Although we cannot predict the movement of any one electron, each electron seems to know where to go. This is yet another startling feature of the behavior of subatomic particles. The famous two-slit screen experiment shows that individually fired electrons know where to go to form an appropriately distributed light interference pattern.
How can any one electron know where to go (especially as no one electron has to go anywhere)? Some interpretations of the two-slit screen experiment involve the existence of alternate realities. The actual path that the electron takes in our reality is influenced by the paths in other realities. Because the available paths in the other realities are taken, the electron must take the path that is available to it.
The several schools of quantum theory have different approaches to the alternate realities. One school says that the alternate realities are merely mathematical models, having no concrete reality. But another school theorizes on an infinite number of concrete, existing alternate realities for every instance of reality that we perceive. Where are these realities? Presumably they transpire in some dimension totally inaccessible from our reality (unless, of course, you read or write SF).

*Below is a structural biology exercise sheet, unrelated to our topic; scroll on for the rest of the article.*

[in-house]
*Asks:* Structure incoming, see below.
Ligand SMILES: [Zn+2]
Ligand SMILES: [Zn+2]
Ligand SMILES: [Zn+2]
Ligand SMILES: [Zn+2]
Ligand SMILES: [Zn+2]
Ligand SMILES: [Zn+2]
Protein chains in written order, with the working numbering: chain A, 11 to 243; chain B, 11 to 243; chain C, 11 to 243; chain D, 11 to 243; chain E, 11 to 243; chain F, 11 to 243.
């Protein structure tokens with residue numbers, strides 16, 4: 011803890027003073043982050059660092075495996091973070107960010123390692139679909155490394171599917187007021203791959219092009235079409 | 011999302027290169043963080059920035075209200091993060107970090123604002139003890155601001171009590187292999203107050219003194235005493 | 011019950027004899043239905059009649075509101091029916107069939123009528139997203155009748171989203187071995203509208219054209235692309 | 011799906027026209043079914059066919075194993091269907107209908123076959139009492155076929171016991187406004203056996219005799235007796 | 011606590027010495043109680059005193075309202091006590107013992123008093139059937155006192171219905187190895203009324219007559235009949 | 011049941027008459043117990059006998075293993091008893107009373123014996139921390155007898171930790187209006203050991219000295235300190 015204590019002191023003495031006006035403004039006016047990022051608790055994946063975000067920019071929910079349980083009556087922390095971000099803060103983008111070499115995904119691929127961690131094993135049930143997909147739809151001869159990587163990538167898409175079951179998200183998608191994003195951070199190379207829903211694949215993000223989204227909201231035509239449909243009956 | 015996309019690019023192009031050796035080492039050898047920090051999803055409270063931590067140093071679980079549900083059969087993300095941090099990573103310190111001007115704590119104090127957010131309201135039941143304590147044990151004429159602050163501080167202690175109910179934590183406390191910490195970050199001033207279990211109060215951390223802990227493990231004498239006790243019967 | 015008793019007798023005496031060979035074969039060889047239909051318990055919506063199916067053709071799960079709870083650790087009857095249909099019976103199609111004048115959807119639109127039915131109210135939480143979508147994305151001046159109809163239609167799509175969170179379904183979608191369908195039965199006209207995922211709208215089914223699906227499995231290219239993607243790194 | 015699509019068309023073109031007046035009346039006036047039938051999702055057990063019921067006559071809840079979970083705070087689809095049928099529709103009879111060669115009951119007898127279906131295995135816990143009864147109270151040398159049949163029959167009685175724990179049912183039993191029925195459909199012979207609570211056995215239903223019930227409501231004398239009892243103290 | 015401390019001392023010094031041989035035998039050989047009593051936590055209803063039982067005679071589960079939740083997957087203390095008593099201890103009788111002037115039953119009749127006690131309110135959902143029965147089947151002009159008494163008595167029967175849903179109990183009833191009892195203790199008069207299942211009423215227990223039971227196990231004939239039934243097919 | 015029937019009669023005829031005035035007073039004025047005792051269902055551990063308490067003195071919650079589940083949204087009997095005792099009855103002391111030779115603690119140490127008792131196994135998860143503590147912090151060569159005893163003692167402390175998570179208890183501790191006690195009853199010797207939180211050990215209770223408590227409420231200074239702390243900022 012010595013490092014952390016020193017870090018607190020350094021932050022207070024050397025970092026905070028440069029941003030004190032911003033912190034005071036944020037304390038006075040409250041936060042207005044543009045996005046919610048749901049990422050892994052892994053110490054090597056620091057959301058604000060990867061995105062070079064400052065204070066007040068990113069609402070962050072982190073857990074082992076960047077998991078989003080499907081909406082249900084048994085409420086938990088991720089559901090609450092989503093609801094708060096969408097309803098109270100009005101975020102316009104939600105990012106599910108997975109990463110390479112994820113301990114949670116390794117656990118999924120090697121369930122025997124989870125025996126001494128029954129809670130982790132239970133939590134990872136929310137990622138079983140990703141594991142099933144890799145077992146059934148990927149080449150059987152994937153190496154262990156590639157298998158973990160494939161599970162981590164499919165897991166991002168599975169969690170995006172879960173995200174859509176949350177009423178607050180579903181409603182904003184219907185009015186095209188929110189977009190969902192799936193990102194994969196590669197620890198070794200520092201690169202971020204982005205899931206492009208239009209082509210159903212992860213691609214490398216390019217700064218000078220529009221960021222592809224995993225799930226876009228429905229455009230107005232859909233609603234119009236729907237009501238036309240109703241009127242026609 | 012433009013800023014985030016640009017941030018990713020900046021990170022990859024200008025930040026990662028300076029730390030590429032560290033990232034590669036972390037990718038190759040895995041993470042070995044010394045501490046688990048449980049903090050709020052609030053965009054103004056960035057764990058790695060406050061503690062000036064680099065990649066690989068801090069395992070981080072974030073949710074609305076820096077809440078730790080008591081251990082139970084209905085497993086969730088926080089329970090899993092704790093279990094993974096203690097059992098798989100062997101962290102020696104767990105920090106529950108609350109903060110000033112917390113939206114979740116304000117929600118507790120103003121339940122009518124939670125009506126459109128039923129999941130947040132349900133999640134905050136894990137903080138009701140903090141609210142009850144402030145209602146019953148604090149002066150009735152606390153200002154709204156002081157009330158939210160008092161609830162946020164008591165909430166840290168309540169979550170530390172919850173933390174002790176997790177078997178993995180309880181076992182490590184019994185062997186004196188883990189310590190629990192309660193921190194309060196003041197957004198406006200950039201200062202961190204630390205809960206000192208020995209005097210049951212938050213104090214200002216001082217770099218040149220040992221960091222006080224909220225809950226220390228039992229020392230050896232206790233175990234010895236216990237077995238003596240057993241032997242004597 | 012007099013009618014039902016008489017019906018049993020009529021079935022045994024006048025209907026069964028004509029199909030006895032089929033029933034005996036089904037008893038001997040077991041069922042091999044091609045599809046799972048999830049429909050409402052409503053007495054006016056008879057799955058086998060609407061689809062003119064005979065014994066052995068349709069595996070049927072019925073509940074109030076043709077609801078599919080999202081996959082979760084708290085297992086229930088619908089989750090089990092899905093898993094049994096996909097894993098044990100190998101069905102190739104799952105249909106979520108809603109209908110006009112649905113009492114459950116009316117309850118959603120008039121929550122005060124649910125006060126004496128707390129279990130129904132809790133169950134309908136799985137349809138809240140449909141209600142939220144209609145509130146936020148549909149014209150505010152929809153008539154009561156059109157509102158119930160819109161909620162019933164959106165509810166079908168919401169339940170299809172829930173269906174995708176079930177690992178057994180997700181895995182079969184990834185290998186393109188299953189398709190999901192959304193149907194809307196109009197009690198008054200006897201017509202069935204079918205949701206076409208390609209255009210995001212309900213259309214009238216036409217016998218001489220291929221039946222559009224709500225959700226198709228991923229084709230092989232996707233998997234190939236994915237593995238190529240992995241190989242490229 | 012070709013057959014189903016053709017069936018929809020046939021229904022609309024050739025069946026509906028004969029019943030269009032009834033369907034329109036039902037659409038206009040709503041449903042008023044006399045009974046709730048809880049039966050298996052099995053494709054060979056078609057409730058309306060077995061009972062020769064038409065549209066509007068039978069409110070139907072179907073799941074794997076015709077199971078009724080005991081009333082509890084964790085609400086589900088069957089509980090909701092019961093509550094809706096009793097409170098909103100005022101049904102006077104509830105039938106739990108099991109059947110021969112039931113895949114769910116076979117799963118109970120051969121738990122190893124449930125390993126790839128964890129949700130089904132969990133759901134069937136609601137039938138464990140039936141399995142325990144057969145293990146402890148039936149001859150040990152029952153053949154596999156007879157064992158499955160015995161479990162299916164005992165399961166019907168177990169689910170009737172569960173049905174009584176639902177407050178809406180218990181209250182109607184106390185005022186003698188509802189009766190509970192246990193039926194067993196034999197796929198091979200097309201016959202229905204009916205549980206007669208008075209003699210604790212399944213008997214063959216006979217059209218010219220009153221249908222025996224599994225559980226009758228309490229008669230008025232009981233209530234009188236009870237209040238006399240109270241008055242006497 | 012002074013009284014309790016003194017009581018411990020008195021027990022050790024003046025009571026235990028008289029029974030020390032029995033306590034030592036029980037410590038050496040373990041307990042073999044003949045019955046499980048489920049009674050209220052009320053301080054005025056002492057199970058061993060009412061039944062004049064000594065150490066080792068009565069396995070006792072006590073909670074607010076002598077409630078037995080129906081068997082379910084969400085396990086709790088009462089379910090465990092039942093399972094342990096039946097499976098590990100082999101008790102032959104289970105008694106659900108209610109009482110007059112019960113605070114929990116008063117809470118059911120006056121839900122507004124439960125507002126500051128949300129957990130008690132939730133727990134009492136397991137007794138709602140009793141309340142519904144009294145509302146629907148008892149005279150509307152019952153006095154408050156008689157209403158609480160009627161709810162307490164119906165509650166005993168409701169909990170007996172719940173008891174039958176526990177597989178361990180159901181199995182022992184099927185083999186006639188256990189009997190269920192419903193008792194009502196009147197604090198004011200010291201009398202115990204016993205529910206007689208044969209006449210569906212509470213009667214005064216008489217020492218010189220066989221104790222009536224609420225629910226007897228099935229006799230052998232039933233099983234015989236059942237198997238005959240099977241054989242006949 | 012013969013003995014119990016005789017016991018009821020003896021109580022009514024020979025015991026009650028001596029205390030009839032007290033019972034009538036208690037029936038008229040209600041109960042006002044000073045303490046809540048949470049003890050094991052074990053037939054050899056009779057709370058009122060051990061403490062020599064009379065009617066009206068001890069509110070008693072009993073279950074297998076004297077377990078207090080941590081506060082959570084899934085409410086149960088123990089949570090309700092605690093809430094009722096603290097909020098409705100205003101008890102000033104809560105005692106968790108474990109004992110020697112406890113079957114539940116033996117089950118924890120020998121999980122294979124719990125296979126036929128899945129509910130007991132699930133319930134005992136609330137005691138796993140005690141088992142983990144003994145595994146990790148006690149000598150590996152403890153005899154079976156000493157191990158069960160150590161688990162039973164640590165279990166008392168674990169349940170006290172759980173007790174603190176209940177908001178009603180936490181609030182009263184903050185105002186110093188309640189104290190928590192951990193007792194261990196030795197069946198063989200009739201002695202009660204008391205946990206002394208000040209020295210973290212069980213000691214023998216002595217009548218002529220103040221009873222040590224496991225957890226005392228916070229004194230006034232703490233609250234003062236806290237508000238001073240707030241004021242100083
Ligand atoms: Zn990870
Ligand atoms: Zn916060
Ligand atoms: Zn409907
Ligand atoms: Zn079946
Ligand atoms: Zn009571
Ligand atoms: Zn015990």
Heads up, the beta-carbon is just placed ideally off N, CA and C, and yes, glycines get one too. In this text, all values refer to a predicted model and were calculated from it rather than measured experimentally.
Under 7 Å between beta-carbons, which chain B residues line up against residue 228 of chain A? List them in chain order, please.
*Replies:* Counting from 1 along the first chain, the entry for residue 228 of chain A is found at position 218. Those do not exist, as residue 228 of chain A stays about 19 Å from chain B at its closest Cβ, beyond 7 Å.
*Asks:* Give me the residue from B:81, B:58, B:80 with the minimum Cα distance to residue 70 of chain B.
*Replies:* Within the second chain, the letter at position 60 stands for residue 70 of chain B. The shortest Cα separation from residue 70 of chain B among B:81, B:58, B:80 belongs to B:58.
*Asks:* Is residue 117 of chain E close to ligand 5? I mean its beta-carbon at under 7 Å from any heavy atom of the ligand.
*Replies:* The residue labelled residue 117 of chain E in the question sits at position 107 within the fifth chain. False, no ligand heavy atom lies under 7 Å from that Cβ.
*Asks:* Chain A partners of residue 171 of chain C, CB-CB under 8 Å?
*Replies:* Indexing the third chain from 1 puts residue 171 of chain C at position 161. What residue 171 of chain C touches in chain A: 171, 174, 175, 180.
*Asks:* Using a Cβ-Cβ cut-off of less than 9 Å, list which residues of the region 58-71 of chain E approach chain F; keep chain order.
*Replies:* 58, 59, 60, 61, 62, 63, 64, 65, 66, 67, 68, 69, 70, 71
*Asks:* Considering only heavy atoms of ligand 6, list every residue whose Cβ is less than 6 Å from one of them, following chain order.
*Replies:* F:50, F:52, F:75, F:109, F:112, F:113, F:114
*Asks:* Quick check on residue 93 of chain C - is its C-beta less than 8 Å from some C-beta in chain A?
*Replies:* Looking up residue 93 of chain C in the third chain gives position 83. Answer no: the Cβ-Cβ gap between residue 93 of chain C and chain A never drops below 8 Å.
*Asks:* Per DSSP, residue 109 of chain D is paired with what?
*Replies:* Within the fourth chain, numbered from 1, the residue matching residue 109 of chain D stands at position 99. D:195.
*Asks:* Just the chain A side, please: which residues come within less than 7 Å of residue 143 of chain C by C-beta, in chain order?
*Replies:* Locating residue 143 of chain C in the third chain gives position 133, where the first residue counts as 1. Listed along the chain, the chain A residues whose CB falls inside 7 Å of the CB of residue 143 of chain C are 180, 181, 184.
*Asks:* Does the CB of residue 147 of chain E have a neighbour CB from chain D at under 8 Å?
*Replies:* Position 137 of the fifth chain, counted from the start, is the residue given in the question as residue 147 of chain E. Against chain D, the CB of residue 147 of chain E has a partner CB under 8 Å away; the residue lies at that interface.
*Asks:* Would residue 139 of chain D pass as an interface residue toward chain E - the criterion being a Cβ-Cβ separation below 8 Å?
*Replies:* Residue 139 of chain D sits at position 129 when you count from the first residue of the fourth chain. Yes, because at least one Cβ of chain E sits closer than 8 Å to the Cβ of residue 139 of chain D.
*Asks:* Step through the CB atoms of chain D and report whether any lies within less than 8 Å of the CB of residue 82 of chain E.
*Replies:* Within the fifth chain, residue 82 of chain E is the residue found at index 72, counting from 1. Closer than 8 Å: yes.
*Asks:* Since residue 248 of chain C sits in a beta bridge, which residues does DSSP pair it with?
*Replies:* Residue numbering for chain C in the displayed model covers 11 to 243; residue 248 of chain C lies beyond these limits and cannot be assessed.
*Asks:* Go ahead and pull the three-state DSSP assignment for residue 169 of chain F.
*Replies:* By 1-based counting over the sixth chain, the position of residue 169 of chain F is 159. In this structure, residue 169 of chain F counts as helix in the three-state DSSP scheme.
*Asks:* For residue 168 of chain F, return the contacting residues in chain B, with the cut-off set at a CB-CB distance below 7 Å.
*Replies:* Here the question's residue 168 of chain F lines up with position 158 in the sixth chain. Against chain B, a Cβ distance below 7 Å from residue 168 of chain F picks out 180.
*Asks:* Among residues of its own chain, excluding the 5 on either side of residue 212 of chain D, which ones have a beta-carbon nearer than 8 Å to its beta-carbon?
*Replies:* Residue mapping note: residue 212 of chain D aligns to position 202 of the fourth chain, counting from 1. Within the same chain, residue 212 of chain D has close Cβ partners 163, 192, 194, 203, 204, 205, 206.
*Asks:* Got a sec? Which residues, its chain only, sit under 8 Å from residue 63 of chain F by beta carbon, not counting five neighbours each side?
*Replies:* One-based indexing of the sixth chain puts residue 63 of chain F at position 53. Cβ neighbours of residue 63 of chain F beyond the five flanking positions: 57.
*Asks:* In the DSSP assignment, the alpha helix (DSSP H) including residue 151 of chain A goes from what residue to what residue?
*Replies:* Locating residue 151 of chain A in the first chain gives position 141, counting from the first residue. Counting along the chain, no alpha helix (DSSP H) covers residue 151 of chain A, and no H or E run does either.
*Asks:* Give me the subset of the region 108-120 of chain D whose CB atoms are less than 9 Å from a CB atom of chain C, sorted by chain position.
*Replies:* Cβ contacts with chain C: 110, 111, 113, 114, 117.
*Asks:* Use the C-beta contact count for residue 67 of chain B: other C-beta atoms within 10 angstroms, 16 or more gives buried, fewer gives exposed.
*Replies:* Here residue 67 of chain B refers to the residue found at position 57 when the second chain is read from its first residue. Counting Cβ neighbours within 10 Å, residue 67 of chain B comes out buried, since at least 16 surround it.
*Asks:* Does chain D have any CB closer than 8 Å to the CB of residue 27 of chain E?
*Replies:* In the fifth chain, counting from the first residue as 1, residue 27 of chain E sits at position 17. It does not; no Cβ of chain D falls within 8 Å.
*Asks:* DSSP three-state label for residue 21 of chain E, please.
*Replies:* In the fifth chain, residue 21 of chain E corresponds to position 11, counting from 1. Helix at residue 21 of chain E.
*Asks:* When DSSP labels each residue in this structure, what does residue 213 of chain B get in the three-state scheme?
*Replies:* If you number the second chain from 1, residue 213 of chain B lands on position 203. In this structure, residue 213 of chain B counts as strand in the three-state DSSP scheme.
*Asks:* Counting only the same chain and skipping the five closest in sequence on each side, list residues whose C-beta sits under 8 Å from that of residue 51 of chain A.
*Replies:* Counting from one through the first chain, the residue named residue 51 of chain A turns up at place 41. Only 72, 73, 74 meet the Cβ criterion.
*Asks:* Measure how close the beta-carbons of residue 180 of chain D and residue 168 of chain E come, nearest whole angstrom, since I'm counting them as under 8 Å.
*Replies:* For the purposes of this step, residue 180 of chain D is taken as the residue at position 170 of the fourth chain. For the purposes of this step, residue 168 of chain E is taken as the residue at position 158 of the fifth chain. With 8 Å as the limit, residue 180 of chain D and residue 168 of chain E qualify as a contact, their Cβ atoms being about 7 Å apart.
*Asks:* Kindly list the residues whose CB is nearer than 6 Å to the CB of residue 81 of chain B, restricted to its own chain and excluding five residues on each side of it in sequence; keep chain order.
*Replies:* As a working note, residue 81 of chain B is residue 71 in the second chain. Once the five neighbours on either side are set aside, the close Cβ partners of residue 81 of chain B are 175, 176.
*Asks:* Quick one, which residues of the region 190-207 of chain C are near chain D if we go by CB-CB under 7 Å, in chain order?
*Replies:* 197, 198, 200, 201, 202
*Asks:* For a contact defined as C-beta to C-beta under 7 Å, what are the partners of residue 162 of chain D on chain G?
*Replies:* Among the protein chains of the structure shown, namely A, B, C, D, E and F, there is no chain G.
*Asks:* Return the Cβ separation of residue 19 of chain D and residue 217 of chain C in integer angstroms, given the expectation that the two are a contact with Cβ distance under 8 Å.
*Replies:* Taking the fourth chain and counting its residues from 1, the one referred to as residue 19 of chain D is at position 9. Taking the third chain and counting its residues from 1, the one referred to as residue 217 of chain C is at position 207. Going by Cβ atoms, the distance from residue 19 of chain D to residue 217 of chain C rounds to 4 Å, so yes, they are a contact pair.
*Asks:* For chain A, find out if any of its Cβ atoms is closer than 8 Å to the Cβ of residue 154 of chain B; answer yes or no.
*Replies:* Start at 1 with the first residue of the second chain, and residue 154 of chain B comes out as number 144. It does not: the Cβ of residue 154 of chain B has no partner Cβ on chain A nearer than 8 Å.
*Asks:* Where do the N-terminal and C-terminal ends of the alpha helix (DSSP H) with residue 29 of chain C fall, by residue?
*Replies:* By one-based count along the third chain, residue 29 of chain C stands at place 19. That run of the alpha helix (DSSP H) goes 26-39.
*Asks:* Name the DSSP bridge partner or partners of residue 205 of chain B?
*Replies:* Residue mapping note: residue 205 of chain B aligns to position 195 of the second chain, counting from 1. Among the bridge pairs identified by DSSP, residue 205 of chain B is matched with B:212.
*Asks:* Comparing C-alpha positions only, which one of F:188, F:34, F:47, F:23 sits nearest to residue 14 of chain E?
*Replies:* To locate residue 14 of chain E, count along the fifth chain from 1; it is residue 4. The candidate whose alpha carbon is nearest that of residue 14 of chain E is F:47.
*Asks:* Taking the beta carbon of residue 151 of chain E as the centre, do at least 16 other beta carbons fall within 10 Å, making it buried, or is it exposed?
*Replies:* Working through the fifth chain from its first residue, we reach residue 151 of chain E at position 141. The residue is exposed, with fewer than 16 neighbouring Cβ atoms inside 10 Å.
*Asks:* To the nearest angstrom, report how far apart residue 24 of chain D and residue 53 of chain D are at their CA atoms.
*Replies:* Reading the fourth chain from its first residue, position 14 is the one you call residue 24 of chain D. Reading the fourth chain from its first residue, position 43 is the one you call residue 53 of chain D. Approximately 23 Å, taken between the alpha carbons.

It is this last version of quantum theory that interests SF writers. The alternate worlds, after all, make for an infinite number of new conditions under which to write SF. At the simplest level they provide a scientific basis for “what if?” stories that illustrate the probable results of taking a different turn at a significant historical juncture. Michael Moorcock (The Warlords of the Air, 1971), Norman Spinrad (The Iron Dream, 1972), Harry Harrison (Tunnel Through the Deeps, 1972), Joanna Russ (The Female Man, 1975), and Philip K. Dick (The Man in the High Castle, 1962)—just to name a few—have set stories in alternate time tracks. Whether they are in any significant way illustrating the role of quantum theory in our daily lives is another matter.